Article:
The purple train was on the track today, with the blue one under obvious maintenance on the transfer track nearby. We immediately noticed that a large chunk of one of the headrest cushions was missing in row two, and we overheard two of the operators discussing its absence; apparently the failure had occurred during regular operations the evening before, and the pieces had yet to be found. The break wasn't a clean one, making me wonder whether it might have been induced by a guest wearing jewellery with a sharp edge; it seems doubtful that it could have been torn by forces alone.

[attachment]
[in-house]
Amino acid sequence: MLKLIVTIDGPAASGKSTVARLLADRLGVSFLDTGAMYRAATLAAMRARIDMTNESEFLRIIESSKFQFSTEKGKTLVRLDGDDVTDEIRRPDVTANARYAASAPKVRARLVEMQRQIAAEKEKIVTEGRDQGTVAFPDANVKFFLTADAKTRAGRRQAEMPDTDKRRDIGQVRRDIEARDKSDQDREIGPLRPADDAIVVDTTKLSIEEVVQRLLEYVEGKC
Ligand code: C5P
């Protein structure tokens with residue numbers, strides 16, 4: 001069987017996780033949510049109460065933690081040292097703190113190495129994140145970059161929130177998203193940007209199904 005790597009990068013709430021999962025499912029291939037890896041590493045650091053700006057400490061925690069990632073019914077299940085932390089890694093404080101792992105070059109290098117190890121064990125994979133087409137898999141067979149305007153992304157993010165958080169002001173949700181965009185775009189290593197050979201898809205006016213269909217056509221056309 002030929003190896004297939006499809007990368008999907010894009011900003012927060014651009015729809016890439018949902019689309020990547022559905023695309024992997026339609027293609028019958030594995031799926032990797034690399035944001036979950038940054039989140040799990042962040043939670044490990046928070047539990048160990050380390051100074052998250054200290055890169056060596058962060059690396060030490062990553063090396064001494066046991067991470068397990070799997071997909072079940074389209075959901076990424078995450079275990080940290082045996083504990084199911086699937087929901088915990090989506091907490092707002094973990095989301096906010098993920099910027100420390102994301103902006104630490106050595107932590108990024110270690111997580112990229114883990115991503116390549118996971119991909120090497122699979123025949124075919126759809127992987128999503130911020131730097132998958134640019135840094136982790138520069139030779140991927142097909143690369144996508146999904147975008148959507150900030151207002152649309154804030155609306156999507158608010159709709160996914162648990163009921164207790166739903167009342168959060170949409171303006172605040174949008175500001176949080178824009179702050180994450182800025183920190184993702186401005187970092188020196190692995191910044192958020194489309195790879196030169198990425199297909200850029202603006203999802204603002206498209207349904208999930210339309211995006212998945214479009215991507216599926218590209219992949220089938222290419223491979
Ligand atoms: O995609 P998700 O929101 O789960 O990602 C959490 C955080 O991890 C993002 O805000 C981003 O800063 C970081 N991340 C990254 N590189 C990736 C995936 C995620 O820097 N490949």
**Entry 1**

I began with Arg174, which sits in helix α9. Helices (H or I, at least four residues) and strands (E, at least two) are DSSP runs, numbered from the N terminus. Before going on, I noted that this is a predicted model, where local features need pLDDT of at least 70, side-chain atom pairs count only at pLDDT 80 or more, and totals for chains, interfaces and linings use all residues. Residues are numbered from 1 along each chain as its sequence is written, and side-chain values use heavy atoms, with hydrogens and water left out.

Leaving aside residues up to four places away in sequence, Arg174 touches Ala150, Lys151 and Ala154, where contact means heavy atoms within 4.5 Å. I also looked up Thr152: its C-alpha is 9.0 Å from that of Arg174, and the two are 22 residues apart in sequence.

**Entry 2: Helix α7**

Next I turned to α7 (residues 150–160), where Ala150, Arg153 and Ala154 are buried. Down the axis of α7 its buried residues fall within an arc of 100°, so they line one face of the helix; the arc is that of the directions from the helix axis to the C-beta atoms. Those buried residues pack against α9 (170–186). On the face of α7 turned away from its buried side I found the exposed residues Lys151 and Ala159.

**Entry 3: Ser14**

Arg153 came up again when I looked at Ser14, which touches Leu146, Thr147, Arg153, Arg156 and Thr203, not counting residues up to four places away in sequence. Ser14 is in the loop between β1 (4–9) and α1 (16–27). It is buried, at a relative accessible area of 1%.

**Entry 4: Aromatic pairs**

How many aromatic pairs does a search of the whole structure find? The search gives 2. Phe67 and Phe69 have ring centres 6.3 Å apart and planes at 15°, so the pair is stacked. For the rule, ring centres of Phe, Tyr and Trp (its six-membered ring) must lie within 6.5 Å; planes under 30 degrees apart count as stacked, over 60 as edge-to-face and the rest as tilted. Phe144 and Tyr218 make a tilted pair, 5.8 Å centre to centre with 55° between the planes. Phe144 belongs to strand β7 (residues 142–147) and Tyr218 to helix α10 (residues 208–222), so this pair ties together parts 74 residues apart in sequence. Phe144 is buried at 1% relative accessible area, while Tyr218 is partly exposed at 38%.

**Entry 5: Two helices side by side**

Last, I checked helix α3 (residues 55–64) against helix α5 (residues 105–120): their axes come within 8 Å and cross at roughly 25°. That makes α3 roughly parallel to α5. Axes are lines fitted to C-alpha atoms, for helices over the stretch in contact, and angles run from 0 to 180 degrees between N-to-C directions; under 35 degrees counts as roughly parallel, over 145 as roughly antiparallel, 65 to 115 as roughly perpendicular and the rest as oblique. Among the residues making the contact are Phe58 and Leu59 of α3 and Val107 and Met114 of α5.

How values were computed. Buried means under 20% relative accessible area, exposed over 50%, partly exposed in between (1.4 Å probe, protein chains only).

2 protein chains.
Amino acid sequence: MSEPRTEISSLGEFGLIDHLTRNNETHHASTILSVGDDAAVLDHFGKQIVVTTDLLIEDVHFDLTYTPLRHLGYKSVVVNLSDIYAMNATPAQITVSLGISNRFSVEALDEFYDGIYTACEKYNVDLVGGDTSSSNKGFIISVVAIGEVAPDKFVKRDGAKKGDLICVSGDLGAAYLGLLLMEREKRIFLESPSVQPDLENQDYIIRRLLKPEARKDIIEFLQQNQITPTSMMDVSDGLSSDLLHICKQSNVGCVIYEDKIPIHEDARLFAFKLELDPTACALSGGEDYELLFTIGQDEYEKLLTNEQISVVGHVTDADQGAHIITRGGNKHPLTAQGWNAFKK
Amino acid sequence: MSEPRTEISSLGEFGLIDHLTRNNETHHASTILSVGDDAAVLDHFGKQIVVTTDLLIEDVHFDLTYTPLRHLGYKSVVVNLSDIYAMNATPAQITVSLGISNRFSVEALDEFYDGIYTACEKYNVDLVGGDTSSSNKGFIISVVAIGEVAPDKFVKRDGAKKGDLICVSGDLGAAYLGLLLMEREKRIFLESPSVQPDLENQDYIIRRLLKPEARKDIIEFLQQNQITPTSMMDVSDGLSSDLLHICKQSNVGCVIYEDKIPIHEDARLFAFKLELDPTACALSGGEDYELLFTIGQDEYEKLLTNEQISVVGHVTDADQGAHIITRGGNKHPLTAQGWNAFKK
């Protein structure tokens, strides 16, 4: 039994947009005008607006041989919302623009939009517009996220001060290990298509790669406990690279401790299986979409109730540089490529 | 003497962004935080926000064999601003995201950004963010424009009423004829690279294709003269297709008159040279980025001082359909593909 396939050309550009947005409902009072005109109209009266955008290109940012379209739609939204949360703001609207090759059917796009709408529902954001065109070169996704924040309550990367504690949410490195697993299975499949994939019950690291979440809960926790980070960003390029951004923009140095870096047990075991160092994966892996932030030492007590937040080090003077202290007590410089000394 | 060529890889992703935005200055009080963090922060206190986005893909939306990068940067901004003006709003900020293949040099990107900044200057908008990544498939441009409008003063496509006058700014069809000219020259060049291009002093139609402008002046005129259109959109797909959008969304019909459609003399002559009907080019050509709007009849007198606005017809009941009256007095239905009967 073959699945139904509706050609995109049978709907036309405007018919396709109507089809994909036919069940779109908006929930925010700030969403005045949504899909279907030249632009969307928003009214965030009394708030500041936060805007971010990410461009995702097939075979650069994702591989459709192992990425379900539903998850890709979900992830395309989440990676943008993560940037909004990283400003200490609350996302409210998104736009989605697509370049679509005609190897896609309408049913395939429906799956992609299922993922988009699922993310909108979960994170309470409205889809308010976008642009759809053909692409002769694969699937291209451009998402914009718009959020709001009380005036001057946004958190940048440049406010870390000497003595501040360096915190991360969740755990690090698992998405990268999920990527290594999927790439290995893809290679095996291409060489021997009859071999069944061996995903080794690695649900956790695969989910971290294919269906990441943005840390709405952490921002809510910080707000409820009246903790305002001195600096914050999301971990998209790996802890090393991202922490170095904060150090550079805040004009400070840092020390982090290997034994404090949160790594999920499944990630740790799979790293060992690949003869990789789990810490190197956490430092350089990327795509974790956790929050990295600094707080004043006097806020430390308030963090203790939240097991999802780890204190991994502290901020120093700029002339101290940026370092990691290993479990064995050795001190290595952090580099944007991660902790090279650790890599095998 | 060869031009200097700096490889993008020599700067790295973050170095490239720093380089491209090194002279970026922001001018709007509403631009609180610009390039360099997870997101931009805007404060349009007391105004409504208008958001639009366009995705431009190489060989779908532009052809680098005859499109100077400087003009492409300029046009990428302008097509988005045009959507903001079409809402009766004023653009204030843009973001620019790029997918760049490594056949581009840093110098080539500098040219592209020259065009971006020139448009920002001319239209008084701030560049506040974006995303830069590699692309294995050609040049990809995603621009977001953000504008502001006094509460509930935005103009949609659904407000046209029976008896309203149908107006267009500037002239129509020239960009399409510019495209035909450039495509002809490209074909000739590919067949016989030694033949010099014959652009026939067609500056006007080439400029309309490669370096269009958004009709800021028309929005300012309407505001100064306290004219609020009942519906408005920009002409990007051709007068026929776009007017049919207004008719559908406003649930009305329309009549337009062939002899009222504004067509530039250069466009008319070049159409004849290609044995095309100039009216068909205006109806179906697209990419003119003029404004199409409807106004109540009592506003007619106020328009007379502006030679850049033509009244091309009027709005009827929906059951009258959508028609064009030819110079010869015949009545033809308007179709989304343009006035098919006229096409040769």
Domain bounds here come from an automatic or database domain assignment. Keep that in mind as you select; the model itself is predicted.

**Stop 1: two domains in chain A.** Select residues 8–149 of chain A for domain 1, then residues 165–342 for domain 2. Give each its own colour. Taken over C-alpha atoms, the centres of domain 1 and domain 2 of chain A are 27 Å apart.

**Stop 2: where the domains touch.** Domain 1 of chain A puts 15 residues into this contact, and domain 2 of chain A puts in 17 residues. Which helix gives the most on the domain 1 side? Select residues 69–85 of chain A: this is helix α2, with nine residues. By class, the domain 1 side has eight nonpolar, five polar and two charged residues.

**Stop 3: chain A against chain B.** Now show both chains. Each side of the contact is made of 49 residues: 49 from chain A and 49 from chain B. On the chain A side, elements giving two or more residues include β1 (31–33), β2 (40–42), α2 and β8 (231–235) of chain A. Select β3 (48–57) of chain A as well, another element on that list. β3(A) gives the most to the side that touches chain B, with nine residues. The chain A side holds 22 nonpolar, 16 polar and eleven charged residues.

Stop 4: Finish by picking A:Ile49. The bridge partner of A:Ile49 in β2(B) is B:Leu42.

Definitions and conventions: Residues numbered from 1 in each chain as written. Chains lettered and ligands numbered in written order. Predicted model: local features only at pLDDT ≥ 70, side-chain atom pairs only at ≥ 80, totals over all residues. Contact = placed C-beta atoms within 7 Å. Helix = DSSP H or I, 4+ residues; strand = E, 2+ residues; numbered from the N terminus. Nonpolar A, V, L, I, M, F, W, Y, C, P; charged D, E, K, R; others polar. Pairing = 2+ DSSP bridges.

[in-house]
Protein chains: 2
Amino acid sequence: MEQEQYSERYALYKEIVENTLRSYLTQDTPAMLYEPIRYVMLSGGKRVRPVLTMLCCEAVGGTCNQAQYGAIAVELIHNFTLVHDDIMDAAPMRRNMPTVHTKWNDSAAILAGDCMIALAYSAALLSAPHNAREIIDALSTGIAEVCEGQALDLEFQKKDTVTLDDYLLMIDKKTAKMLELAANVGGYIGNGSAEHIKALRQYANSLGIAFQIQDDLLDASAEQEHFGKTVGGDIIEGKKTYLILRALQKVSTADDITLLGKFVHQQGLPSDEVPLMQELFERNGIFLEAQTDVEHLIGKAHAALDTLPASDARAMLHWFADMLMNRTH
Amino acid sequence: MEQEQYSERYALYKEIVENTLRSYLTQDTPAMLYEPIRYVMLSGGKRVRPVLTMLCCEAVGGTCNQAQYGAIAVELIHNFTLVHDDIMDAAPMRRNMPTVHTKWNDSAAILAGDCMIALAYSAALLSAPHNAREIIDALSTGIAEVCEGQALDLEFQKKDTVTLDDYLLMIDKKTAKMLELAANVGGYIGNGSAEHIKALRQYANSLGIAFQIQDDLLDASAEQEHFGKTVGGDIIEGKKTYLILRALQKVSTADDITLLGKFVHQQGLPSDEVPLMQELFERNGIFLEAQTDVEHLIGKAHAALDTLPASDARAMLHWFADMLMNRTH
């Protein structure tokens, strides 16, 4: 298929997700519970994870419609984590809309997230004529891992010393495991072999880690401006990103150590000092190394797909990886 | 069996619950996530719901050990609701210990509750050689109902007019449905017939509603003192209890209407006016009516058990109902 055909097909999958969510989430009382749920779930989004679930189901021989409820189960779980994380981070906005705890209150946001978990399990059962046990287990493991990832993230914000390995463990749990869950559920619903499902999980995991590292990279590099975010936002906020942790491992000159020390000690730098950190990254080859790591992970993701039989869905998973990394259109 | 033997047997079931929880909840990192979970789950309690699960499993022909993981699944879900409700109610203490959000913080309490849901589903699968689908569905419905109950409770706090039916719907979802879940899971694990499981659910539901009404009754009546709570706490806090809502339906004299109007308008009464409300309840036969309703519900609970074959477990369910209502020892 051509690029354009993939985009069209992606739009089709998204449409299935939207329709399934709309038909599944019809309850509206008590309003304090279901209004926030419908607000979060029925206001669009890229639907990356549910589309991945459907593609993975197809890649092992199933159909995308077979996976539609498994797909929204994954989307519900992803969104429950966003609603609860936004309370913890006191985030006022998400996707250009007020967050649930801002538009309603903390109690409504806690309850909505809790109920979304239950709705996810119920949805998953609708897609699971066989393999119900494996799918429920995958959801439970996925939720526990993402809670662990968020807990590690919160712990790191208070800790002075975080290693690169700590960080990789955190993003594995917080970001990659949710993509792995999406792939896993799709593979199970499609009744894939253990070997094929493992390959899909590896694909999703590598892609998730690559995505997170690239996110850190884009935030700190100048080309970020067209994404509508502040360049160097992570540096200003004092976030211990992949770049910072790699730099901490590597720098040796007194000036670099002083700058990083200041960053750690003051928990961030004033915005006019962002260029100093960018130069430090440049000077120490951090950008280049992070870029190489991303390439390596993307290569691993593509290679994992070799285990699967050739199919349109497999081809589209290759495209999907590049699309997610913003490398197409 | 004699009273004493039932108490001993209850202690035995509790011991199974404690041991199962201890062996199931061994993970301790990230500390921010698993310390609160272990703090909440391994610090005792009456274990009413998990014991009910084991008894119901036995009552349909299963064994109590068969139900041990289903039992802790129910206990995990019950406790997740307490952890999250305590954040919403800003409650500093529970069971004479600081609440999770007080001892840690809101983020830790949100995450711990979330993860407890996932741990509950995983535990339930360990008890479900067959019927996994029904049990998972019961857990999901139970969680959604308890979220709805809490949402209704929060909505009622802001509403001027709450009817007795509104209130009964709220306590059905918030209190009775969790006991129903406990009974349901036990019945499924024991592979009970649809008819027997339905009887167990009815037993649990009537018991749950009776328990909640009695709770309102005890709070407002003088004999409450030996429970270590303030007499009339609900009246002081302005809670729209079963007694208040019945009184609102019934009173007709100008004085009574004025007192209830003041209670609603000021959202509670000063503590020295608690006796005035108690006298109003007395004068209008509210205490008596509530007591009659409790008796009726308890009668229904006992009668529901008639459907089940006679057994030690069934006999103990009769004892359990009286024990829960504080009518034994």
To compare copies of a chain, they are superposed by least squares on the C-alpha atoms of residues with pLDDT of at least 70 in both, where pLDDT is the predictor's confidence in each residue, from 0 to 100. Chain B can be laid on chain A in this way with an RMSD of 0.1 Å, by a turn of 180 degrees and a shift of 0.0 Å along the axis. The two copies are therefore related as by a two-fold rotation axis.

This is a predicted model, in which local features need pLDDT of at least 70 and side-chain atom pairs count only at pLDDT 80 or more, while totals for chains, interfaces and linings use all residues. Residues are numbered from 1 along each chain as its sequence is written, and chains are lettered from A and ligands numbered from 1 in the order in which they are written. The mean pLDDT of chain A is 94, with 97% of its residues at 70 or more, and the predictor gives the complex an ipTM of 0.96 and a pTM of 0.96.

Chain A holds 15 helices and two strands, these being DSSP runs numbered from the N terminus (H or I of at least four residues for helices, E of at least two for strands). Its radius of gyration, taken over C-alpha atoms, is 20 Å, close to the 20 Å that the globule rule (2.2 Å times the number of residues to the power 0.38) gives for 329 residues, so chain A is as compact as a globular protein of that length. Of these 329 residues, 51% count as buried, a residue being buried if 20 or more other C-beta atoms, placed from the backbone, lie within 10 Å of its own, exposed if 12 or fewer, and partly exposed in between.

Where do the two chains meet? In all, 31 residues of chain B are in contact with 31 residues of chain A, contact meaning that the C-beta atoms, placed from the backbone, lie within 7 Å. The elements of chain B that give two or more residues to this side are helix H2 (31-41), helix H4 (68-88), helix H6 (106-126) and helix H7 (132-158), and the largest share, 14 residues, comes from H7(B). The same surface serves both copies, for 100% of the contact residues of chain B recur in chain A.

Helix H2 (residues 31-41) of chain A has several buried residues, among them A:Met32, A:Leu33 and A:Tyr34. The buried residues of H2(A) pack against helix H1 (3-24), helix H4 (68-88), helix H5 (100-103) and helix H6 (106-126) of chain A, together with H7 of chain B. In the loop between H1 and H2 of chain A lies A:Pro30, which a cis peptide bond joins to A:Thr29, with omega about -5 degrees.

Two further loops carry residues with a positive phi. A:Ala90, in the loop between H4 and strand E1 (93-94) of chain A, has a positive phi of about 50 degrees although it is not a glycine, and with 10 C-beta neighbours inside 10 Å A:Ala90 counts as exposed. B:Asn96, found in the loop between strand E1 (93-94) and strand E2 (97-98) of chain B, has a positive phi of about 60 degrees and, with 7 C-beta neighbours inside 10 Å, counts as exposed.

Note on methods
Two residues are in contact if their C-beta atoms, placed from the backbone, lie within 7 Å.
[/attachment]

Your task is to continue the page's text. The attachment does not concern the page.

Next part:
The ride started out in the same fashion as the magnificent Medusa Steel Coaster, with a descending barrel roll inversion running from the apex of the lift hill to a few feet above the ground. This was followed by an immensely powerful airtime hill and an over-banked left turn. From that point onwards things blurred together as we were treated to a delicious mix of sharp turns and ejector airtime hills interrupted only briefly by a second barrel roll. The layout concluded with a low-to-ground helix and final airtime leap onto the brake run. We took a total of five laps in various points of the train, including front and back, and to be honest there was little difference between seats, as all of them delivered in spectacular fashion. The only thing I wasn't altogether fond of was the heaviness of the lap bars, which were not enormously friendly towards the male anatomy, but I quickly figured out that that relatively minor niggle could be largely ameliorated by a little care (and personal rearrangement!) while sitting down.